Newsroom Partnerships Offer Chance at Innovation: Carnival of Journalism

UMass Journalism students Dave Brinch (left) and Julian Feller-Cohen (right) cover a meeting with MassLive's Greg Saulmon last semester.

The response to David Cohn’s (aka DigiDave) revival of the Carnival of Journalism, has been pretty impressive.  My first post focused on a new news literacy with Journalism students and the need to focus on accuracy in the aftermath of the shoddy reporting in the opening hours of the Tucson shootings.

One of the big discussion items so far in the “Carnival” center on the need for universities and programs to be innovative when it comes to the teaching of Journalism — another great topic.

I’m now entering the second semester of a formal partnership between my Investigative Journalism & The Web class and MassLive, the Web site of the Springfield Republican. The class was constructed as an attempt to take an in-depth look at the town of South Hadley and its residents in the aftermath of the tragic suicide of South Hadley teenager Phoebe Prince one year ago.

Students were required to blog throughout the course of last semester — and as more and more incidents made their way into the news, it became clear that bullying was an issue that went way beyond our corner of Western Massachusetts.  Students also produced a final package of stories — a combination of text, video and audio.

The class is both an attempt to be innovative by creating a newsroom-like environment and to get students out into the community — attending meetings and events and talking to residents about the bullying issue.

It was not easy.

That is probably the biggest message I would send out to educators looking to begin similar partnerships. As many of us often find out, a great idea often involves a lot of time.  Establishing and maintaining such a partnership is a time-intensive undertaking.  Don’t get me wrong, I’ve enjoyed it and see it as an important element in a students’ education but I often find myself editing blog posts at 6 a.m. in order to get them onto the site in a timely manner.  And, you find yourself fielding queries from students, editors and sources at all days and hours.  Kind of, ya know, like a newsroom.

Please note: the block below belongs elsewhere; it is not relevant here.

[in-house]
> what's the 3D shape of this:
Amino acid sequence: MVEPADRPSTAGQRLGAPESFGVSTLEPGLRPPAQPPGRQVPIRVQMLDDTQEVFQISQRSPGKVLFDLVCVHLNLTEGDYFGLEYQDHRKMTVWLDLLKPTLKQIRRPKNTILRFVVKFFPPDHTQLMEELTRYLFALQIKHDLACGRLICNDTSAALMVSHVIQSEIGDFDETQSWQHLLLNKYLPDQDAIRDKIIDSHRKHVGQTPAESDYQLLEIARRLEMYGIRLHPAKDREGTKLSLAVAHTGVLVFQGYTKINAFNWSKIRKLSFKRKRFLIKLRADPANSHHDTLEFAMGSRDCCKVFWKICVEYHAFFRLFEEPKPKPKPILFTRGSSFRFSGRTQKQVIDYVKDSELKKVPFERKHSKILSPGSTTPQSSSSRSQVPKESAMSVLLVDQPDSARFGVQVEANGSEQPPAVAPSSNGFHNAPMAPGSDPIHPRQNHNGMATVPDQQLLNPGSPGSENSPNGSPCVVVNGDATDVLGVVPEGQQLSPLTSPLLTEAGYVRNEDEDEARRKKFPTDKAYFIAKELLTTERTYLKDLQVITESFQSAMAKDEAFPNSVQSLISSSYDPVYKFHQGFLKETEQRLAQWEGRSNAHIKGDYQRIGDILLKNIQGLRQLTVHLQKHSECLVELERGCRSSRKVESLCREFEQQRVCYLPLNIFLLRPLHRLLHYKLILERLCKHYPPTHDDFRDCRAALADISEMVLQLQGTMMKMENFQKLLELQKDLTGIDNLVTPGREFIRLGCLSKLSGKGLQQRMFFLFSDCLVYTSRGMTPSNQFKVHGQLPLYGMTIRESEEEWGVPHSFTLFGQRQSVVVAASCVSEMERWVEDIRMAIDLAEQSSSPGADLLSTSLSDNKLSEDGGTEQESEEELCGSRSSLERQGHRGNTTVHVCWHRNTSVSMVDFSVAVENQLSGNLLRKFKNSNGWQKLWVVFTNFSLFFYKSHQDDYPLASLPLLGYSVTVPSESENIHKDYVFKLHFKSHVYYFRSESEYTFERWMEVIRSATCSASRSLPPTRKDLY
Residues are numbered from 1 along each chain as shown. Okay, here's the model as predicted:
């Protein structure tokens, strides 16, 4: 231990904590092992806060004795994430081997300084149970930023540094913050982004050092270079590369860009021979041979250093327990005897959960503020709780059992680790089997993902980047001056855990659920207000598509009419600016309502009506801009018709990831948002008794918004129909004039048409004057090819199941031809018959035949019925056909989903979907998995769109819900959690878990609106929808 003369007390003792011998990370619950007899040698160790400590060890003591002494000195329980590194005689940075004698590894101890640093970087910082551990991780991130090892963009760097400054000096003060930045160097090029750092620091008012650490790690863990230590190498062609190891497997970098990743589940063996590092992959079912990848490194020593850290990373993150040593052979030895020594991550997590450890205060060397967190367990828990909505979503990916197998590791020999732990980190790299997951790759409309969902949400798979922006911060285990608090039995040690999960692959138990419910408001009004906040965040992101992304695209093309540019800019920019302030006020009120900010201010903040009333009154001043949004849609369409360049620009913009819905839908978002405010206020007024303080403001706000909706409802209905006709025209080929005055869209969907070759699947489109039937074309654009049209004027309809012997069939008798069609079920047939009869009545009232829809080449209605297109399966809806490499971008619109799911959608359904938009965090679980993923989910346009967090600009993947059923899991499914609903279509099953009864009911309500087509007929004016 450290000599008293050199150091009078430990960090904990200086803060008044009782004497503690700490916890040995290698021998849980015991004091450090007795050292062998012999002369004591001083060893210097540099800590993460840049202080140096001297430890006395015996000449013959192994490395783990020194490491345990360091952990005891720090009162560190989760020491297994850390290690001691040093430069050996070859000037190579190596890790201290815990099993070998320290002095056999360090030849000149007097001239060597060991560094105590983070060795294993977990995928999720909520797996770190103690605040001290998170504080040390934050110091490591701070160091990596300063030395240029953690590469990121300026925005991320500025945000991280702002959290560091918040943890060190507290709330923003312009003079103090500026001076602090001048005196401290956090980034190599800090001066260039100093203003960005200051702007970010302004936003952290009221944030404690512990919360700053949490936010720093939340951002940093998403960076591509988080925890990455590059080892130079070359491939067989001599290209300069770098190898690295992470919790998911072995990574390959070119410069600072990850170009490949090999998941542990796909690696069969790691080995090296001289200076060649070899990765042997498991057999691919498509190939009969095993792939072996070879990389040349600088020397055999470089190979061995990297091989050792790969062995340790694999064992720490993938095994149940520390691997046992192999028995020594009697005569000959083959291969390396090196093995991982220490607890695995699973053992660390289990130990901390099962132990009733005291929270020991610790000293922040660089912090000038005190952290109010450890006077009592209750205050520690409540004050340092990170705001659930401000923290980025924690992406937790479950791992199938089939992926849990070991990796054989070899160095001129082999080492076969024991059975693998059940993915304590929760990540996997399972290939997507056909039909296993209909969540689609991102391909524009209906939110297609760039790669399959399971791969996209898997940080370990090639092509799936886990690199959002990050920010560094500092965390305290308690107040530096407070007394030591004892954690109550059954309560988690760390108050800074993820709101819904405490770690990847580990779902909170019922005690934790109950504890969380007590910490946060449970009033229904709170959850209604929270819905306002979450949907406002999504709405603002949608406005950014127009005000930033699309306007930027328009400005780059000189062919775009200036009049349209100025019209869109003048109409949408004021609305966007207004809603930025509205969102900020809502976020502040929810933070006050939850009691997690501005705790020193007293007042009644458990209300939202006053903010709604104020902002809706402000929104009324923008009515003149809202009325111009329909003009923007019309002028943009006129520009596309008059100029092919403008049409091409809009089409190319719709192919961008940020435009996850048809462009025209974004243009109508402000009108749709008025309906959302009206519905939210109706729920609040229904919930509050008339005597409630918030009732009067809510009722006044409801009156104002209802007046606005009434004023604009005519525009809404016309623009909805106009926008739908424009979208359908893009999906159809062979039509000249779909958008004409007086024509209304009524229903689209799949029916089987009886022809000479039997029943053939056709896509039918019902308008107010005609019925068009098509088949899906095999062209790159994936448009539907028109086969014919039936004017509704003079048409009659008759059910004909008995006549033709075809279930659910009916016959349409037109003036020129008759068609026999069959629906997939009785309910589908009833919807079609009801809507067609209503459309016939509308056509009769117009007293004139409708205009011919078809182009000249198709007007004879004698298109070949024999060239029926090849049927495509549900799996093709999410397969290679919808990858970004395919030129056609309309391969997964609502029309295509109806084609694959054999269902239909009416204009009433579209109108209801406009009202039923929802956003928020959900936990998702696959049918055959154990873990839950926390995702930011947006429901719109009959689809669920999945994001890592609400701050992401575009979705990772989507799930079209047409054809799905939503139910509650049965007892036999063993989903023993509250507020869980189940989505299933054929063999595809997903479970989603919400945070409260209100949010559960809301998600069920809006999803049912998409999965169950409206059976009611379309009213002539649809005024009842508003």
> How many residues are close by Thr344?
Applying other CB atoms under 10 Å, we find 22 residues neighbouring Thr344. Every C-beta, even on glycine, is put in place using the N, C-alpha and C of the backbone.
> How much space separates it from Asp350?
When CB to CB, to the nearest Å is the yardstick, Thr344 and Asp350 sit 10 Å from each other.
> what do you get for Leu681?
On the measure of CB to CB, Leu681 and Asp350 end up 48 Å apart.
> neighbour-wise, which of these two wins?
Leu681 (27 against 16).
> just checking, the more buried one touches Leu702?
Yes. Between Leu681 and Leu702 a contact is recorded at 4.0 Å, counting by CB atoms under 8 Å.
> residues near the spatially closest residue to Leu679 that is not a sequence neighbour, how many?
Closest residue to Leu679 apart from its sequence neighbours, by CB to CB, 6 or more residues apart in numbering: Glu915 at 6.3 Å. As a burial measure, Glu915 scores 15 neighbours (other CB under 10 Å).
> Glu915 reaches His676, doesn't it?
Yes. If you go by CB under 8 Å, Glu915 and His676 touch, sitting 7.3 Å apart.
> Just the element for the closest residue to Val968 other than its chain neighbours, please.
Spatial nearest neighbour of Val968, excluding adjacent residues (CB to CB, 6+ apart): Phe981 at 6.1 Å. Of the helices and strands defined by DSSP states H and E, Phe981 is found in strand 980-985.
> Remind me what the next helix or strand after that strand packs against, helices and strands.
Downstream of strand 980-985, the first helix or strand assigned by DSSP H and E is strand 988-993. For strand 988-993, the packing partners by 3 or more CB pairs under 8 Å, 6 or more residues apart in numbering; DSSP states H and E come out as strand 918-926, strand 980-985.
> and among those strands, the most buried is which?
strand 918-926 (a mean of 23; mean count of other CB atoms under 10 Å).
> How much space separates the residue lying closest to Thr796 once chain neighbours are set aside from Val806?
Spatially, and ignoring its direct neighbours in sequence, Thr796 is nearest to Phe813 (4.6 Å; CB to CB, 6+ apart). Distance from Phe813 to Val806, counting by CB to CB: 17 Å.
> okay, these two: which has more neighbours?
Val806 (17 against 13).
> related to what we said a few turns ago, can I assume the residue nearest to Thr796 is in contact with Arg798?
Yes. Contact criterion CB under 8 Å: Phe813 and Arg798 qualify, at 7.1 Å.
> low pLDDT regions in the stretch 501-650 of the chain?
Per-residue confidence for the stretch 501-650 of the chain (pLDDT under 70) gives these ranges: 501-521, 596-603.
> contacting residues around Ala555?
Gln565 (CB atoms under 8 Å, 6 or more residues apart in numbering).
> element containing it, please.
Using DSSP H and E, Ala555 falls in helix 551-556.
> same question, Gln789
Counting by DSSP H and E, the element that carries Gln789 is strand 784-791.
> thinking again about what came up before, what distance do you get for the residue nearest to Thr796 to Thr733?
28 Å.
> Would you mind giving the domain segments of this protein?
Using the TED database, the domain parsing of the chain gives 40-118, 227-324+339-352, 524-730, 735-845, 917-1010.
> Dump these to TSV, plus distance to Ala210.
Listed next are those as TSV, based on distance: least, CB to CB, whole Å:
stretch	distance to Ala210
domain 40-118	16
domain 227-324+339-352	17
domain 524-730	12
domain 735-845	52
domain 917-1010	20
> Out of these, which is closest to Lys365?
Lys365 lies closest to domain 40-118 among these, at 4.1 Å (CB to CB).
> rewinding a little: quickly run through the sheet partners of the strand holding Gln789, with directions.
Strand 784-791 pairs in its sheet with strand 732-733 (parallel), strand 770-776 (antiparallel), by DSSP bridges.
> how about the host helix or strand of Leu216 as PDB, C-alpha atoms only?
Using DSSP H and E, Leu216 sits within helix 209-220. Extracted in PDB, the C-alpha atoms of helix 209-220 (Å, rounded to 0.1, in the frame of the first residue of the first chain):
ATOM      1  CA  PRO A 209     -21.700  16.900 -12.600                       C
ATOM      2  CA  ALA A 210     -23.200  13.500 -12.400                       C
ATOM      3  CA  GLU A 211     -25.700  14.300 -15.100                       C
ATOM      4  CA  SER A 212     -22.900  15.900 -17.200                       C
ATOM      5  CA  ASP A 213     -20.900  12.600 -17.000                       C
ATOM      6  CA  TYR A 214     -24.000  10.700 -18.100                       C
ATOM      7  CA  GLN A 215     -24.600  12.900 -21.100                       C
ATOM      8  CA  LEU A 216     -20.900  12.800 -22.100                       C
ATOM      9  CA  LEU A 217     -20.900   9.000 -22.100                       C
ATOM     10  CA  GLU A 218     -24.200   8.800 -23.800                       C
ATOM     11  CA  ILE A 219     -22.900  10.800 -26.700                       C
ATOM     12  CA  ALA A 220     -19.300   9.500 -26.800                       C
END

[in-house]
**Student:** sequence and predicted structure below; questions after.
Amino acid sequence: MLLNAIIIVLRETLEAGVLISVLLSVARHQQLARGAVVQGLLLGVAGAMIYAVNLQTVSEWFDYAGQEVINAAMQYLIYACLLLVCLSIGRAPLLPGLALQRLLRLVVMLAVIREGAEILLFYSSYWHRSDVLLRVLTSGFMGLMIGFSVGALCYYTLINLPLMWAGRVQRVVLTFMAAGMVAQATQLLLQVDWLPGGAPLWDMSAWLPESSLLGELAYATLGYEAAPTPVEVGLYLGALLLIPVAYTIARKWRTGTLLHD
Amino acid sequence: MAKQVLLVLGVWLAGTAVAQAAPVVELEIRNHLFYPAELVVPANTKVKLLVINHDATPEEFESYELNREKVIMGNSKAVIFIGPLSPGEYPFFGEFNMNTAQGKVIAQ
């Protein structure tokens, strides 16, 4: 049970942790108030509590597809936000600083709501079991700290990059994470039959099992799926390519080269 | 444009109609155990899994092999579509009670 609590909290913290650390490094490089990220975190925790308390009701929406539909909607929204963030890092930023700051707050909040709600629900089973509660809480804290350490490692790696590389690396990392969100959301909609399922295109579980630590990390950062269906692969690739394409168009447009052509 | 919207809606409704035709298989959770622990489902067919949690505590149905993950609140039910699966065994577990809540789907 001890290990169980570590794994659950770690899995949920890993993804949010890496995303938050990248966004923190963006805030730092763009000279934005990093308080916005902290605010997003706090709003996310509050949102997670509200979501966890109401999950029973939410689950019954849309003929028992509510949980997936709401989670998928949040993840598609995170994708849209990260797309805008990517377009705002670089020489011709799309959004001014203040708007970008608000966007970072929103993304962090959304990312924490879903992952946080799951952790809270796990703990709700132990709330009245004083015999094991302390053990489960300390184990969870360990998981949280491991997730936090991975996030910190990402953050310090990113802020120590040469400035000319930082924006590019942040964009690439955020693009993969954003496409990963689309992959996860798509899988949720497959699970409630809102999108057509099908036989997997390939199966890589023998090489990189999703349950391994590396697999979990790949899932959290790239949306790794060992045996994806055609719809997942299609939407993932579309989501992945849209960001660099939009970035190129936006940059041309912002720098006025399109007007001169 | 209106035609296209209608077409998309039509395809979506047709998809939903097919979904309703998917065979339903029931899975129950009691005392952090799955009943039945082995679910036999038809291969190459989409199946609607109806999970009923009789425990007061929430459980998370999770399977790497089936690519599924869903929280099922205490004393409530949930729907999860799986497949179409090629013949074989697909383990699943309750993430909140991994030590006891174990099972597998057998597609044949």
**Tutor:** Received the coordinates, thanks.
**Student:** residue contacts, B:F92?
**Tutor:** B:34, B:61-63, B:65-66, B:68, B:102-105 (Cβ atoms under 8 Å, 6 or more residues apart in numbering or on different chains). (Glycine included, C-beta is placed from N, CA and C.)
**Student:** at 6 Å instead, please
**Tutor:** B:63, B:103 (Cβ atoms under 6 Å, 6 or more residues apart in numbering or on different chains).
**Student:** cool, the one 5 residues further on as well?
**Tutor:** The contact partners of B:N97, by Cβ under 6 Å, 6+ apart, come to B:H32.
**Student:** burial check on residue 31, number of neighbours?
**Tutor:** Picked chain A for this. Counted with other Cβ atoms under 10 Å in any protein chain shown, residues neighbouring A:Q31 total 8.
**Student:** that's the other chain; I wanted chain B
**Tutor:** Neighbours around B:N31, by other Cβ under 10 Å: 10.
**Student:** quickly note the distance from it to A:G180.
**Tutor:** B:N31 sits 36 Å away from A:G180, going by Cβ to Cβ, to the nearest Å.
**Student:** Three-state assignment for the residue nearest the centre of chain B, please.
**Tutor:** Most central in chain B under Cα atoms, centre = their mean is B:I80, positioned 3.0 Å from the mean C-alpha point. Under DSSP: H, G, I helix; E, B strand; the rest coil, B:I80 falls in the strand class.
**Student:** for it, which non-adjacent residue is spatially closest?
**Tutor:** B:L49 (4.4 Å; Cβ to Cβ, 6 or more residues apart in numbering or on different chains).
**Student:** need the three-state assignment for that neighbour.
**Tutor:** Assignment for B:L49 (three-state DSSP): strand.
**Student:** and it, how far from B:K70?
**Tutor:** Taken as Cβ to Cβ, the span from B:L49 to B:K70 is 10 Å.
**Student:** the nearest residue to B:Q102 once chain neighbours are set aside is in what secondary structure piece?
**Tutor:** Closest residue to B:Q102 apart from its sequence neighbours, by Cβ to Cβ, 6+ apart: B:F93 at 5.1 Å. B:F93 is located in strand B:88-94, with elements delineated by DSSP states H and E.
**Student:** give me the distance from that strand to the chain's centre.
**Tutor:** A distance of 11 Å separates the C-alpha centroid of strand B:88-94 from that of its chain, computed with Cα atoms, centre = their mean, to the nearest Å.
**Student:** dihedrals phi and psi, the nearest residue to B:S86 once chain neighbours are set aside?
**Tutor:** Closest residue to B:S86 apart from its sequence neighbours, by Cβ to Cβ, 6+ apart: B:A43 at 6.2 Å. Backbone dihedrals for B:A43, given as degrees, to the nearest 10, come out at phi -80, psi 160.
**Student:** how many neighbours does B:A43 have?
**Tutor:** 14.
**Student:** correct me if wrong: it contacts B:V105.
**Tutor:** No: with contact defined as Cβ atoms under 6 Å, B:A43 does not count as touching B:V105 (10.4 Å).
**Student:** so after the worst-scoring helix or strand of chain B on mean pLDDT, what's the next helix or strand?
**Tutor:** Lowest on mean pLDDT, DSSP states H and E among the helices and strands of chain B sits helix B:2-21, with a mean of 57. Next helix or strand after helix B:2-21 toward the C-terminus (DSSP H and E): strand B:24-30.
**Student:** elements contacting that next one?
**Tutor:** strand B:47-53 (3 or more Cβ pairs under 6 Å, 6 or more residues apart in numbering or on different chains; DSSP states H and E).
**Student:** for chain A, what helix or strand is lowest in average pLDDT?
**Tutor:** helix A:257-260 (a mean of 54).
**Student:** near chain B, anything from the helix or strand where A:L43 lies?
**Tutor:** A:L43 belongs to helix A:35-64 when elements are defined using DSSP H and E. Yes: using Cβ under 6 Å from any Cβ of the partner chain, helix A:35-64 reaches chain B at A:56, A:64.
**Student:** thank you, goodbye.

Some other lessons:

*  The need to contact sources before you set up the class is almost mandatory.  Let as many sources as possible know what you’re doing before the class starts.  In the end, it helps students when they start making calls.

*  No matter how much you prepare students, there is a possibility students will find themselves in a confrontation (especially if it’s an investigative class.)   Classes on interviews, dealing with sensitive topics and handling confrontations should be an early discussion as well as one you return to frequently.  Also, give students your cell phone number in case they find themselves in a difficult situation.

* Set up an editing system with your newsroom partner that allows for multiple set of eyes before publishing.  In our case we had at least one set of eyes reading blog entries and the final projects had multiple editors, including myself.

* Identification.  Perhaps the biggest confusion comes when students try to identify themselves with sources.  It’s best to leave “class project” out of identifiers because sources often think that “class project” means “not published.”  Students also have to work hard to be taken seriously by sources.  Youth ends up being a negative in the eyes of many sources.

What was exciting about the class was the way that students worked with each other, helped each other and ended up producing a fairly cohesive project by the end of the semester.  It became a partnership of sorts and I found myself switching roles between editor and instructor — a mix that many traditional professors aren’t necessarily comfortable with.  Professor as “all-knowing seer” needs to be abandoned in such a class.  You find yourself working together with students, rather than standing at a podium and dictating what journalism is or should be.

The nature of the project required a certain amount of failure — some stories and blog entries were not going to pan out — so in the end you end you have to find a way to come up with a grade that reflects both the work and the effort.

Most importantly, I believe the project has kept the discussion going about bullying, teen suicide, the Phoebe Prince case and other issues.    Coverage has helped that conversation continue and in an age of decreasing resources with newspapers, that’s the biggest value Journalism programs can bring to communities.


About journalismprof

Steve joined the journalism faculty at the University of Massachusetts at Amherst in August 2007 and has been working to incorporate multimedia across the curriculum. Since arriving at UMass, Steve has developed three courses modeled after his multimedia journalism course. The courses allow students to work in teams in a newsroom-like environment where they work on packages -- using video, audio and photos to tell stories. He is also working with students on developing, a news Web site staffed completely by students. Steve has more than 25 years of experience as an editor and reporter for print and online publications, including 10 as an editor at He also edits part-time for with the NFL and college football network.
This entry was posted in Blogging, Future of Journalism, Partnerships, Phoebe Prince project, Steve Fox and tagged , , , , . Bookmark the permalink.

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